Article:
[ntp:questions] strange behaviour of ntp peerstats entries.

Unruh unruh-spam at physics.ubc.ca
Tue Jan 29 04:33:47 UTC 2008

"David L. Mills" <mills at udel.edu> writes:


>It would seem self evident from the equations that minimizing the delay 
>variance truly does minimize the offset variance. Further evidence of 
>that is in the raw versus filtered offset graphs in the architecture 
>briefings. If nothing else, the filter reduces the variance by some 10 
>dB. More to the point, emphasis added, the wedge scattergrams show just 

I guess then I am confused because my data does not support that. While the
delay variance IS reduced, the offset variance is not. The correleation
between dely and offset IS reduced by a factor of 10, but the clock
variance is reduced not at all. 

Here are the results from one day gathered brom one clock (I had ntp not
only print out the peer->offset peer->delay as it does in the
record_peer_stats , but also the p_offset and p_del, the offset and delays
calculated for each packet. I alsy throw out the outliers ( for some reason
the system would all of a sudden have packets with were 4ms round trip,
rather than 160usec. These "popcorn" spikes are clearly bad. The difference
between the variance as calculated from the peer->offset values, and the
p_offset values was

.00005995 (p_offset with del spikes greater than .0003 eliminated)
.00006017 (peer->offset std dev )
.000007337 (p_delay standard deviation, with the greater than .0003 spikes
.000005489 (peer->delay std dev)

(Note that if those popcorn spikes had not been removed, the std dev of the
p_offset and p_delay would have been much larger).

Ie, it makes no difference at all to the offset std dev, but a significant
one to the delay, (Yes, the precision I quote the numbers at is far greater
than the accurasy)
This is throwing away 83% of the data in the peer-> case. 

Note that this is one machine on one day, etc. and well after the startup
transients had disappeared.

>how good the filter can be. It selects points near the apex of the 
>wedge, the others don't matter. You might argue the particular clock 
>filter algorithm could be improved, but the mission in any case is to 
>select the points at or near the apex.

>While the authors might not have realized it, the filter method you 
>describe is identical to Cristian's Probabilistic Clock Synchronization 
>(PCS) methiod described in the literature some years back. The idea is 

I have no idea if Curnoe knew that. The majority of his code was written 10
years ago, not recently. He uses only the inverse of the delay as the
weights I believe, with a user adjustable parameter to throw away delays
which are too large. 

>to discard the outlyer delays beyond a decreasing threshold. In other 
>words, the tighter the threshold, the more outlyers are tossed out, so 
>you strike a balance. I argued then and now that it is better to select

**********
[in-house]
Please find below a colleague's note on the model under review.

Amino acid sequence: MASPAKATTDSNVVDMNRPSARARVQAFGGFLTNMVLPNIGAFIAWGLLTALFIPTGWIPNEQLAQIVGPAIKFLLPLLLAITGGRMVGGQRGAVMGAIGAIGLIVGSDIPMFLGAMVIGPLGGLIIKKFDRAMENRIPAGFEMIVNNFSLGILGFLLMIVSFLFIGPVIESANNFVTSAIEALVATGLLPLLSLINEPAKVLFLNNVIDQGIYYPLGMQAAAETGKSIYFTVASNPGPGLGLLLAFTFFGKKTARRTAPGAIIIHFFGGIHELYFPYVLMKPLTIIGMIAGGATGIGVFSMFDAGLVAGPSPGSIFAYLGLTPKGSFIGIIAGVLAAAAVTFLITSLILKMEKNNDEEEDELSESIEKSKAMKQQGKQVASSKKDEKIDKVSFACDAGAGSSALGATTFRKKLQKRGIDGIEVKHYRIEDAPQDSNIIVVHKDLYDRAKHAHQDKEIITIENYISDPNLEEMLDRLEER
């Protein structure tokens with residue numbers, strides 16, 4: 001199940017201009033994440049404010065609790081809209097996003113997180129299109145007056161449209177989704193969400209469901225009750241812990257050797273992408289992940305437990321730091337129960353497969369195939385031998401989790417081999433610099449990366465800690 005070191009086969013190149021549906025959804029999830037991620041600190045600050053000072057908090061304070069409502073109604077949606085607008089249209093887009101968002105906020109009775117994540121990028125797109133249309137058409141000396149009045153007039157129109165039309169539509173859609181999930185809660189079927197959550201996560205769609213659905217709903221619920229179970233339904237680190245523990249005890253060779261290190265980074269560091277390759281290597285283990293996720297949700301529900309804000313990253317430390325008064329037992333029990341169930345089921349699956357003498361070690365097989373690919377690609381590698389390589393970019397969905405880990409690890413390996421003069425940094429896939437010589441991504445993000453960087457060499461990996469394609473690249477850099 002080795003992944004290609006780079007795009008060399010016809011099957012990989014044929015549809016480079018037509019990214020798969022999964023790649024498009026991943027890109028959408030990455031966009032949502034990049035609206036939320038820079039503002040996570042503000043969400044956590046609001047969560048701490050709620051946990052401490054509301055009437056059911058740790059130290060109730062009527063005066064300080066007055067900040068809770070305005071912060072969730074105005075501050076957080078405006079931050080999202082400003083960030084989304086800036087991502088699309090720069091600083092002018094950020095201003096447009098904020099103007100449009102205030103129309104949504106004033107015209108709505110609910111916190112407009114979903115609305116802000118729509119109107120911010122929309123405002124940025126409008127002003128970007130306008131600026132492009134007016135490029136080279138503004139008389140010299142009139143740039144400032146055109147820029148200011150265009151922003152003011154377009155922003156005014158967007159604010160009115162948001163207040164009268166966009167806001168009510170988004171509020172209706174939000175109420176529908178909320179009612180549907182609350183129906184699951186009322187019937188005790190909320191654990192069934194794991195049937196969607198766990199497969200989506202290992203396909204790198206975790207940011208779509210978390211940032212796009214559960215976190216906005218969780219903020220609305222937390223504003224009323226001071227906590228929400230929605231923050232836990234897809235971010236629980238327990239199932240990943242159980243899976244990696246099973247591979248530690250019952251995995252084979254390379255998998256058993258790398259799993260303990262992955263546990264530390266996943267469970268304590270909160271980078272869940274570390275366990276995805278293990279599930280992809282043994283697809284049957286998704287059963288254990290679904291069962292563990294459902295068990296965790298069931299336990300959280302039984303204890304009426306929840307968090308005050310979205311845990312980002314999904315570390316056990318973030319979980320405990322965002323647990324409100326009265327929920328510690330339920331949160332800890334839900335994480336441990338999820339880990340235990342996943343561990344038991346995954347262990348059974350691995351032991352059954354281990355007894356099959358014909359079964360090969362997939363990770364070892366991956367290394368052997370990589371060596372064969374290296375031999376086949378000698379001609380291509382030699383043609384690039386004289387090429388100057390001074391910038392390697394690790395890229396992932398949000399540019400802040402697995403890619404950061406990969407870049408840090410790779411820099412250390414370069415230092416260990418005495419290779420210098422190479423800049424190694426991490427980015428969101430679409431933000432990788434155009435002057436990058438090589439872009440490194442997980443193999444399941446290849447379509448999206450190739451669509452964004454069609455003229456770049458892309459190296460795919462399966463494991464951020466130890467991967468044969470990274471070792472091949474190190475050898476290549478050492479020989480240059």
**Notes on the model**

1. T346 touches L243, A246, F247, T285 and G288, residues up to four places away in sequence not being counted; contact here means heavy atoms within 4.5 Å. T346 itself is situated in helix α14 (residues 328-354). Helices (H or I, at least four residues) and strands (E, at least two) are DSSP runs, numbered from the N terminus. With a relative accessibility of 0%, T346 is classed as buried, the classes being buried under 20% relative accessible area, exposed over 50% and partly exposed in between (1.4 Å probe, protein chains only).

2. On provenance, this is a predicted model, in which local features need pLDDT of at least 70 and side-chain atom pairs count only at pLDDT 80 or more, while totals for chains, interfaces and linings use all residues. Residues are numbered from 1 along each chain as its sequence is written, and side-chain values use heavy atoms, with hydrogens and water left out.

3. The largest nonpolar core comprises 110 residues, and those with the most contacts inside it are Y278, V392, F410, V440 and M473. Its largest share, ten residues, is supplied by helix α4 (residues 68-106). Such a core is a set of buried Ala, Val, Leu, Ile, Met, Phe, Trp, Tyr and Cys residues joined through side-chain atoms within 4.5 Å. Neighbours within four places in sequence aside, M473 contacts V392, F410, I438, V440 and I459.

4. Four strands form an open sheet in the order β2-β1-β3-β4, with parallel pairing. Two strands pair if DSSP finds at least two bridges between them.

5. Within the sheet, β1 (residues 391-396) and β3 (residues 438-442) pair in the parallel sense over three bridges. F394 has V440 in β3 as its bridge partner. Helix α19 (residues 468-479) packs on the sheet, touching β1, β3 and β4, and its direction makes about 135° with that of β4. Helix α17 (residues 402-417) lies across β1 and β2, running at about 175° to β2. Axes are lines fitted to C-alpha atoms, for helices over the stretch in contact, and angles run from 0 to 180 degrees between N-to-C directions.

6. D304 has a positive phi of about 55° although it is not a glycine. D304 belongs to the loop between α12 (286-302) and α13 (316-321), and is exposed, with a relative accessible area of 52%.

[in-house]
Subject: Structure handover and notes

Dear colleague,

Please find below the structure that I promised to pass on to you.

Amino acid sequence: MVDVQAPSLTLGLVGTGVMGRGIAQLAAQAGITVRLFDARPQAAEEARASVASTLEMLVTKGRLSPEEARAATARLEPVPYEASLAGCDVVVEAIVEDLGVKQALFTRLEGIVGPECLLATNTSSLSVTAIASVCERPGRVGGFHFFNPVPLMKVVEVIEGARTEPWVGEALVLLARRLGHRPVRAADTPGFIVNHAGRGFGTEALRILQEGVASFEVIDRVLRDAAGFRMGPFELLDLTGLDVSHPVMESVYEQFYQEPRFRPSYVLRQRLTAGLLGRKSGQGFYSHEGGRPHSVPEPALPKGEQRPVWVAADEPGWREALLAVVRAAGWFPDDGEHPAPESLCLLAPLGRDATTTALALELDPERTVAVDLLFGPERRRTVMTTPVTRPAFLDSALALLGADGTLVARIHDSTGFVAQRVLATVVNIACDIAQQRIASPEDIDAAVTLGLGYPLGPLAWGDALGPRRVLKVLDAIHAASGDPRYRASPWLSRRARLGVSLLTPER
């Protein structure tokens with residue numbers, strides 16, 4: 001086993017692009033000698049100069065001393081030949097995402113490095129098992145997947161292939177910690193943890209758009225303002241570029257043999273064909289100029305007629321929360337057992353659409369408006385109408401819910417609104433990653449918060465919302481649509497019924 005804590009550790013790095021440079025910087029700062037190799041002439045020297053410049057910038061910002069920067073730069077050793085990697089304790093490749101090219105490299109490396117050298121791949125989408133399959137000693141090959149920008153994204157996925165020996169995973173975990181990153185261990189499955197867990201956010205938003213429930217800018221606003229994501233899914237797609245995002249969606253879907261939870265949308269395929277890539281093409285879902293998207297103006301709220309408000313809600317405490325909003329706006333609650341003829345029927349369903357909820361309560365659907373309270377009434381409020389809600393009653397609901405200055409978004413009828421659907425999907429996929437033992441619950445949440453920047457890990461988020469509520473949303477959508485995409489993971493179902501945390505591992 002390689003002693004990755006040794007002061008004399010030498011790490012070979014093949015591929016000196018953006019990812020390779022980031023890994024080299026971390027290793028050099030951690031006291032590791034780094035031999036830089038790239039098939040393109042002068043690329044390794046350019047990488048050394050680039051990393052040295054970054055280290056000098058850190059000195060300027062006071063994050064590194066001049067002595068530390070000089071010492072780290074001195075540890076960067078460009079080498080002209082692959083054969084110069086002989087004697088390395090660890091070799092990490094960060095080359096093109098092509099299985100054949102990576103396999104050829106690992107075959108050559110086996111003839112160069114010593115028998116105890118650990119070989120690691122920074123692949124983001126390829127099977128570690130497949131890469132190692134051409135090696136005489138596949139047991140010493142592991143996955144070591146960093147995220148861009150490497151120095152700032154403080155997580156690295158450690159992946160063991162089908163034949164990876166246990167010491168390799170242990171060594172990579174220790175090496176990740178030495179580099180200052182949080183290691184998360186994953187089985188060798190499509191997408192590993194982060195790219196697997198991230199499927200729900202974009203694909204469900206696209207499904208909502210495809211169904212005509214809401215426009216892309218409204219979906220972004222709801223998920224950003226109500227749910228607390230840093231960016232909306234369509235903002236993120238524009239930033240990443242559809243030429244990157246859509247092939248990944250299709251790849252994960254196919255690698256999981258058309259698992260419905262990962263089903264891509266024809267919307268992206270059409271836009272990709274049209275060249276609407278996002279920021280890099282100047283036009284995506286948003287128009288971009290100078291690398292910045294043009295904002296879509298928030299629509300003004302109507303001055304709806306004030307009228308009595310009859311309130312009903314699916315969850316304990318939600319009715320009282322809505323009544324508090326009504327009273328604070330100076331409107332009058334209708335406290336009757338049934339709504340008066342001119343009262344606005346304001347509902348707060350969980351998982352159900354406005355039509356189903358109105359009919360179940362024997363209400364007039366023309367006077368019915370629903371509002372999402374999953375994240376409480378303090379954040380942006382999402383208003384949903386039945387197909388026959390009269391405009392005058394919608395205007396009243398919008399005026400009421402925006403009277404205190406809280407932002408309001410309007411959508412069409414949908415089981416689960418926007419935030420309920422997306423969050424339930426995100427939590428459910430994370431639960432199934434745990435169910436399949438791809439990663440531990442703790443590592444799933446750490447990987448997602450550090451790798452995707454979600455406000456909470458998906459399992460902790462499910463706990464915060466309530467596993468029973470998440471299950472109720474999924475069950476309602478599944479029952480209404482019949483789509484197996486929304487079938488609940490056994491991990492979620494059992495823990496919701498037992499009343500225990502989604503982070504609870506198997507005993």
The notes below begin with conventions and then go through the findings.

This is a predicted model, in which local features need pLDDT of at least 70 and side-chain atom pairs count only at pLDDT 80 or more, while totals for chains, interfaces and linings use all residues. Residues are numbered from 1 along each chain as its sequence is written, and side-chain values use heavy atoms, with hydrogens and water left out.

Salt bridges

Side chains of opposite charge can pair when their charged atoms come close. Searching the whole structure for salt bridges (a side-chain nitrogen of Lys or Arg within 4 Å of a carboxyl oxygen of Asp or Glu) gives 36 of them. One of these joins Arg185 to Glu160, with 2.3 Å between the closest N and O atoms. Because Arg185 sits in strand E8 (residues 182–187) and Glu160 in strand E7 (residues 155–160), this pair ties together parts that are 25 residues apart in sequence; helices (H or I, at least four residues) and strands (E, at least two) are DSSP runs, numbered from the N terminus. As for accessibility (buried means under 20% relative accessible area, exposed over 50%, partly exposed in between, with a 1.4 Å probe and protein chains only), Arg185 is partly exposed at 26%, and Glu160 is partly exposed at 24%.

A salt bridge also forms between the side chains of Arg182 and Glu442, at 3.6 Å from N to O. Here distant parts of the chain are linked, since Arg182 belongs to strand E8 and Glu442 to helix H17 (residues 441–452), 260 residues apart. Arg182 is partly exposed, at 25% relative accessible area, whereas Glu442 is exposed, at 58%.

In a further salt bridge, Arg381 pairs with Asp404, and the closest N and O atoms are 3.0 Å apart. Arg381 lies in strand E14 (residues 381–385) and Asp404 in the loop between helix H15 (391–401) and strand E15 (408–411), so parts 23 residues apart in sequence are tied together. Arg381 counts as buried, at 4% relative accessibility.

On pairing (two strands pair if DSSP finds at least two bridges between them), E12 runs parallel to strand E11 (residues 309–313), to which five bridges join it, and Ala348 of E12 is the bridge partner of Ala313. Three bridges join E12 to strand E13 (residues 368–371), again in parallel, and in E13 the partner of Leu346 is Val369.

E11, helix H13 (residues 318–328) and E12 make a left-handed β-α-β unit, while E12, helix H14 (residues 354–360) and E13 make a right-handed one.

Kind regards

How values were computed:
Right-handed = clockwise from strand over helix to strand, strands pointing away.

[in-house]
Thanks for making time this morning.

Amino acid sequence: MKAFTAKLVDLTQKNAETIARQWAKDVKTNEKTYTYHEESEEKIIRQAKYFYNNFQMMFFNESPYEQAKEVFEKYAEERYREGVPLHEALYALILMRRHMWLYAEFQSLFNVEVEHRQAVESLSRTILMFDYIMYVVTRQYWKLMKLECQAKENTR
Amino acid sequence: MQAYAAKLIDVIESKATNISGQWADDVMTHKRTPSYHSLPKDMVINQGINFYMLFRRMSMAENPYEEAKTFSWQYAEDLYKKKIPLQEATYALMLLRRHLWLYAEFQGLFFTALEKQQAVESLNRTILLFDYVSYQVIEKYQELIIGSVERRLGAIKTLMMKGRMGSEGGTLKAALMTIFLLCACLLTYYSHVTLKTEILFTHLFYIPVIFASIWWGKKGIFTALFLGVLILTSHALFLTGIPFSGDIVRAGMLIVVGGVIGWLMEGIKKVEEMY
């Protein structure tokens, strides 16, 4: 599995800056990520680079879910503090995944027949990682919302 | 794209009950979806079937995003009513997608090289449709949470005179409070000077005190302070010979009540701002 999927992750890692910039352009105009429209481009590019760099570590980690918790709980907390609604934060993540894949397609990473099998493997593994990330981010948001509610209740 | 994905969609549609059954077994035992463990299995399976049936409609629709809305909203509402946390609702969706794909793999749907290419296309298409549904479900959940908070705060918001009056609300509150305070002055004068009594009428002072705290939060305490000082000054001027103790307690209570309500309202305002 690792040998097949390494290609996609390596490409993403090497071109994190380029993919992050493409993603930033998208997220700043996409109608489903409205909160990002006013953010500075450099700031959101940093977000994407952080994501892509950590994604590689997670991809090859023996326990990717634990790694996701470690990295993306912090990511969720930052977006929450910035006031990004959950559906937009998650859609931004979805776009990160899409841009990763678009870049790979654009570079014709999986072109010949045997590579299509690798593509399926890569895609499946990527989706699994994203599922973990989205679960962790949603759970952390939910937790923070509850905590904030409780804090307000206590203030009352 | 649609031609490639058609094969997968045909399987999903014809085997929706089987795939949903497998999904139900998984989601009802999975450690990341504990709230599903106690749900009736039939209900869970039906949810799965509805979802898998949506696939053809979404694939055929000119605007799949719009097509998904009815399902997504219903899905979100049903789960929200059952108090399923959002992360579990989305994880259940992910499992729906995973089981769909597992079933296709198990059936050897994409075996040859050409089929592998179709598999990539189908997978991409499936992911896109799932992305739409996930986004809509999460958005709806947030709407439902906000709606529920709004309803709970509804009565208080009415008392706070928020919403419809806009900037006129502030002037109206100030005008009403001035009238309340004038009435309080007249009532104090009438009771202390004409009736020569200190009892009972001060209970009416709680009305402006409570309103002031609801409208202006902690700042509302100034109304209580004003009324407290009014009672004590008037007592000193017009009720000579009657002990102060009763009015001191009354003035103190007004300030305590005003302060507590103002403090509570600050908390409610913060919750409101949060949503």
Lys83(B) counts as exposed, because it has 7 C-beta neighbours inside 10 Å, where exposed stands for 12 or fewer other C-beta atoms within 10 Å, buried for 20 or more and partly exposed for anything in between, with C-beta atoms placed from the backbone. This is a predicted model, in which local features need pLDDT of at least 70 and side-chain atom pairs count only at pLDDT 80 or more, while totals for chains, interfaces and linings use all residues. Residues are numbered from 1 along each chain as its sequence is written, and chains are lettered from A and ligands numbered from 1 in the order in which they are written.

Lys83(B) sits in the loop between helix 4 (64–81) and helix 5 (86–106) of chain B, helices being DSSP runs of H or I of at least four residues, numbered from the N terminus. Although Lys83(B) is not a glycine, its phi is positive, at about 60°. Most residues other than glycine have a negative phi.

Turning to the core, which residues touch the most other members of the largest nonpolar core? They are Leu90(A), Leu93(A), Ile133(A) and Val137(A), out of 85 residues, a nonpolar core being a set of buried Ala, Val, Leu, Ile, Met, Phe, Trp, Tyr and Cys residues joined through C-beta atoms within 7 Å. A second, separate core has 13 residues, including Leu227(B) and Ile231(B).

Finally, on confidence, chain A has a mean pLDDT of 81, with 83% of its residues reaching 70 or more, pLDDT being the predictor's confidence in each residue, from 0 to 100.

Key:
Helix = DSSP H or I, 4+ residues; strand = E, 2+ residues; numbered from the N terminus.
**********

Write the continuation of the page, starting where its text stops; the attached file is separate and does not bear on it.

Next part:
>the best from among the samples rather than to selectively discard the 

>There may be merit in an arugment that says the points along the limbs 
>of the wedge are being ignored. In principle, these points can be found 
>using a slective filter that searches for an offset/delay ration of 0.5, 
>which in fact is what the huff-n'-puff filter does. To do this 
>effectively you need to know the baseline propagation delay, which is 
>also what the huff-n'-puff filter does. Experiments doing this with 
>symmetric delays, as agains the asymmetric delays the huff-n'-puff 
>filter was designed for were inconclusive.

But from what I see of the code, the huff-n-puff occurs after 80% have
already been discarded by the clock_filter

If data were cheap, ( and I think that in most cases today it is) then
throwing away 80% is fine. There is lots more out there. But this
profligacy in the treatment of the data sits uncomfortably with the
competing claim that collecting data is precious -- you should never use
maxpoll less than 7, you should bother the ntp servers as little as
possible. That makes the data precious. You cannot simply go out and
collect all you want. Then throwing it away seems a bad idea to me.


>Unruh wrote:


>> Oh yes. popcorn suppression is important. I agree. But the filter goes well
>> beyond that. My eaction is that on the one hand people keep saying how
>> important net load is, and that one does not want to use poll intervals
>> that are much smaller than 8 or 10, and on the other hand, throwing away
>> 80-90% of the data collected. Remin ds me of the story of Saul, king of the
>> Israelites, whose army was besieged, and he mentioned that he was thirsty.
>> A few of his soldiers risked everything to get through the enemy lines and
>> bring him water. He was so impressed that he poured it all out on the
>> ground, in tribute to their courage. I have always found that story an
>> incredible insult to the bravery instead.
>> The procedure does drastically reduce the variance of the delay, but does
>> not much for the variance of the offset, which is of coure what is
>> important. Just to bring up chrony again, it uses both a suppression where
>> round trips greater than say 1.5 of min are discarded, and data is weighted
>> by some power of the invere of the delay.


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